However, if your property isn’t priced right this may not happen. When your listing is perceived as being overpriced by other agents who are well versed in real estate values in the general area, they may very well consider viewing your property a waste of their clients’ time and choose to direct their efforts towards properties that are market priced. The end result of improperly pricing a property could lead to some or all of the following:  

  • Attraction of fewer buyers
  • The receipt of fewer offers, if any
  • Initial momentum could be lost and marketing time prolonged
  • Make properly priced listings look more appealing by comparison
  • If an overpriced property does happen to go under contract for an above market value, there’s a chance it may not appraise, negatively impacting a buyer’s financing
  • An overpriced property will likely sell over time, but the final selling price could fall short compared to what it may have sold for if it had been priced right from the outset   
Graphic Illustration for Pricing Your Home

"Buying A Listing": A sales practice to avoid

Beware of agents who recommend a listing price above market value and then casually suggest that your price can easily be reduced if it doesn’t happen to sell. Pursuing this particular strategy may not work in your favor if you are expecting to sell your property sooner than later since the majority of buyers are attracted to listings that are market priced. This higher price strategy may also lead to a much longer period on the market. Keep in mind, even if you receive an inflated offer and financing is involved, your property must appraise for the contract sales price in order to meet the mortgage requirements, otherwise the deal will likely fall through.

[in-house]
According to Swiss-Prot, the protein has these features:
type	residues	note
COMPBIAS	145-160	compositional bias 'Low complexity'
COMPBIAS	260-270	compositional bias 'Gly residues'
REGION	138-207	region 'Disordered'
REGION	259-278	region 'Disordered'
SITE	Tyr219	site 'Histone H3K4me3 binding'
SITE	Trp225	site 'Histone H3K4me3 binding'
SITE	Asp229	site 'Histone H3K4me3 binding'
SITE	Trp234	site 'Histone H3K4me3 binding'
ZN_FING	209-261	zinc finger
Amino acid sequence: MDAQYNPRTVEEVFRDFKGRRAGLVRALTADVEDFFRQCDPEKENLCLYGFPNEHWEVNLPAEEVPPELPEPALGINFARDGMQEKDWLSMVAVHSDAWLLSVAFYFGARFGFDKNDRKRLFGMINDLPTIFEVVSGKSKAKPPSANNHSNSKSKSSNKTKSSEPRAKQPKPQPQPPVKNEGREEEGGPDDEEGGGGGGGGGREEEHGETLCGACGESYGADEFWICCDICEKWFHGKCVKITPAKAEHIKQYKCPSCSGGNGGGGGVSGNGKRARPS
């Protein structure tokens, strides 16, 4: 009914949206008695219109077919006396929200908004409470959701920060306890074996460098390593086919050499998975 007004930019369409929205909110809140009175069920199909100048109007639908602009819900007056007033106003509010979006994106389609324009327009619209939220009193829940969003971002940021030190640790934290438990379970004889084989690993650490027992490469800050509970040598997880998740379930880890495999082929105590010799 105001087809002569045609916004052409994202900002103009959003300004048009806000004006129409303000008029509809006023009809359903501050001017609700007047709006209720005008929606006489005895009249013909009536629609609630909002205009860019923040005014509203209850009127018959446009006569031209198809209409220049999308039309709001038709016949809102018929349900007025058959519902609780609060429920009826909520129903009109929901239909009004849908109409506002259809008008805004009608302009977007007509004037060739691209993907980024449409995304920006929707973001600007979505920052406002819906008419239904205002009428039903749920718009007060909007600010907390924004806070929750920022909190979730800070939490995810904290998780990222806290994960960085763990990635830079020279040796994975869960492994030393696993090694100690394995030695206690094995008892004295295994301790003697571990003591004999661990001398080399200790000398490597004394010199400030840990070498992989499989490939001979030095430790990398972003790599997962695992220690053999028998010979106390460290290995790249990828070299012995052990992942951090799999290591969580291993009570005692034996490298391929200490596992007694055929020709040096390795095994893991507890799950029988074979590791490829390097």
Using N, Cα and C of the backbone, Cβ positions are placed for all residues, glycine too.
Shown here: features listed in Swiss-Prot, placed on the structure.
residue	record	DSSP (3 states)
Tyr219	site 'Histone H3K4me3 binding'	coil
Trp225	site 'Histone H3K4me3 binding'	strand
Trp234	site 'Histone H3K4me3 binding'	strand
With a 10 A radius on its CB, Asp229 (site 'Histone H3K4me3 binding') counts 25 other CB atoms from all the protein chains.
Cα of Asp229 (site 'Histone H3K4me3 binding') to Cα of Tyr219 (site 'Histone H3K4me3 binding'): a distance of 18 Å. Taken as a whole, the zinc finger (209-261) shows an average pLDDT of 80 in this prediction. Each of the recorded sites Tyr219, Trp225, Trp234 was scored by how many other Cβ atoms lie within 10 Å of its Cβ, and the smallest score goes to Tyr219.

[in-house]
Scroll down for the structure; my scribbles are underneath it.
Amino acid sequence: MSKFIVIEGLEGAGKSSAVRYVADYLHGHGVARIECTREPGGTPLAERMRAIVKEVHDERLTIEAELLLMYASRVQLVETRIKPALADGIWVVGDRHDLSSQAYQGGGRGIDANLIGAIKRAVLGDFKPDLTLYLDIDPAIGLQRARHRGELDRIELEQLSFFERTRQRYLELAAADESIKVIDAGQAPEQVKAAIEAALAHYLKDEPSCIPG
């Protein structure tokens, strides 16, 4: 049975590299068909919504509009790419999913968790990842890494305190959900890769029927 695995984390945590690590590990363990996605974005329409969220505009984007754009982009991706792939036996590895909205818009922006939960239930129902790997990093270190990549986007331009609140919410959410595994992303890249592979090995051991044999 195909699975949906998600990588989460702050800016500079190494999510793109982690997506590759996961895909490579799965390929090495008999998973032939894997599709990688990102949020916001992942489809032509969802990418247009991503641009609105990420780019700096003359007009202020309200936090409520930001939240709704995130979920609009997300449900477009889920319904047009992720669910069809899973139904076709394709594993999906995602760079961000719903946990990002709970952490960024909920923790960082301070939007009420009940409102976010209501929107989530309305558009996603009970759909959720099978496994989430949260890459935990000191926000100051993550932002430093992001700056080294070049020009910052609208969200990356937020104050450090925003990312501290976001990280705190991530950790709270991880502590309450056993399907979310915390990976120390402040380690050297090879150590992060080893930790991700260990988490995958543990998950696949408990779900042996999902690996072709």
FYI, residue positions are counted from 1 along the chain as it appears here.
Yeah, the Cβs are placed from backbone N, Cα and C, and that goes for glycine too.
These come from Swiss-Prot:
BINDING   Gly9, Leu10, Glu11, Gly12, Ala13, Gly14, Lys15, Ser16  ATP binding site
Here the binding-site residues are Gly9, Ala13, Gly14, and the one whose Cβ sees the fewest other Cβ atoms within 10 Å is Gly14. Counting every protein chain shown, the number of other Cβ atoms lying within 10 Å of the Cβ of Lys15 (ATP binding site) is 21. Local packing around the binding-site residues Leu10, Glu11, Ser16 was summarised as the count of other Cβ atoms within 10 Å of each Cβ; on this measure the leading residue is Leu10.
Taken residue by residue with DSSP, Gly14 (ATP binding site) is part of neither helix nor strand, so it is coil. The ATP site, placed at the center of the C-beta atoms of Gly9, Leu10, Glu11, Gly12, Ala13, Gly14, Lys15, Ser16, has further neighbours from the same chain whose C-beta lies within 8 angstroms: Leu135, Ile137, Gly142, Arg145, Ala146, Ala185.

In some rare cases even a well-intentioned, experienced agent can be influenced by the emotional pressure from a property owner to consider pricing a property higher than one’s better judgement. But unfortunately, there are a number of agents who have no conscience and choose to routinely use this poor higher sales tactic called “buying a listing”. In other words, the agent “buys” the listing by suggesting a higher sales price than other agents recommend and/or the market currently supports simply to secure the listing.  

With this in mind, it certainly pays to choose an honest, experienced agent to work with who will suggest a realistic market price based upon current supporting comparative listing information derived directly from the MLS data base. For an in-depth overview of my expertise and broad real estate related experience simply click on About Me.  

Remember the Benefits of Pricing Your Property Correctly:

  • More buyer showings likely during the first 3 weeks of heightened activity
  • Greater potential for multiple offers
  • Marketing time could possibly be shortened
  • Property likely to attract serious buyers who are already actively searching
  • Appraisal likely to validate the sales price in order to meet the mortgage loan requirement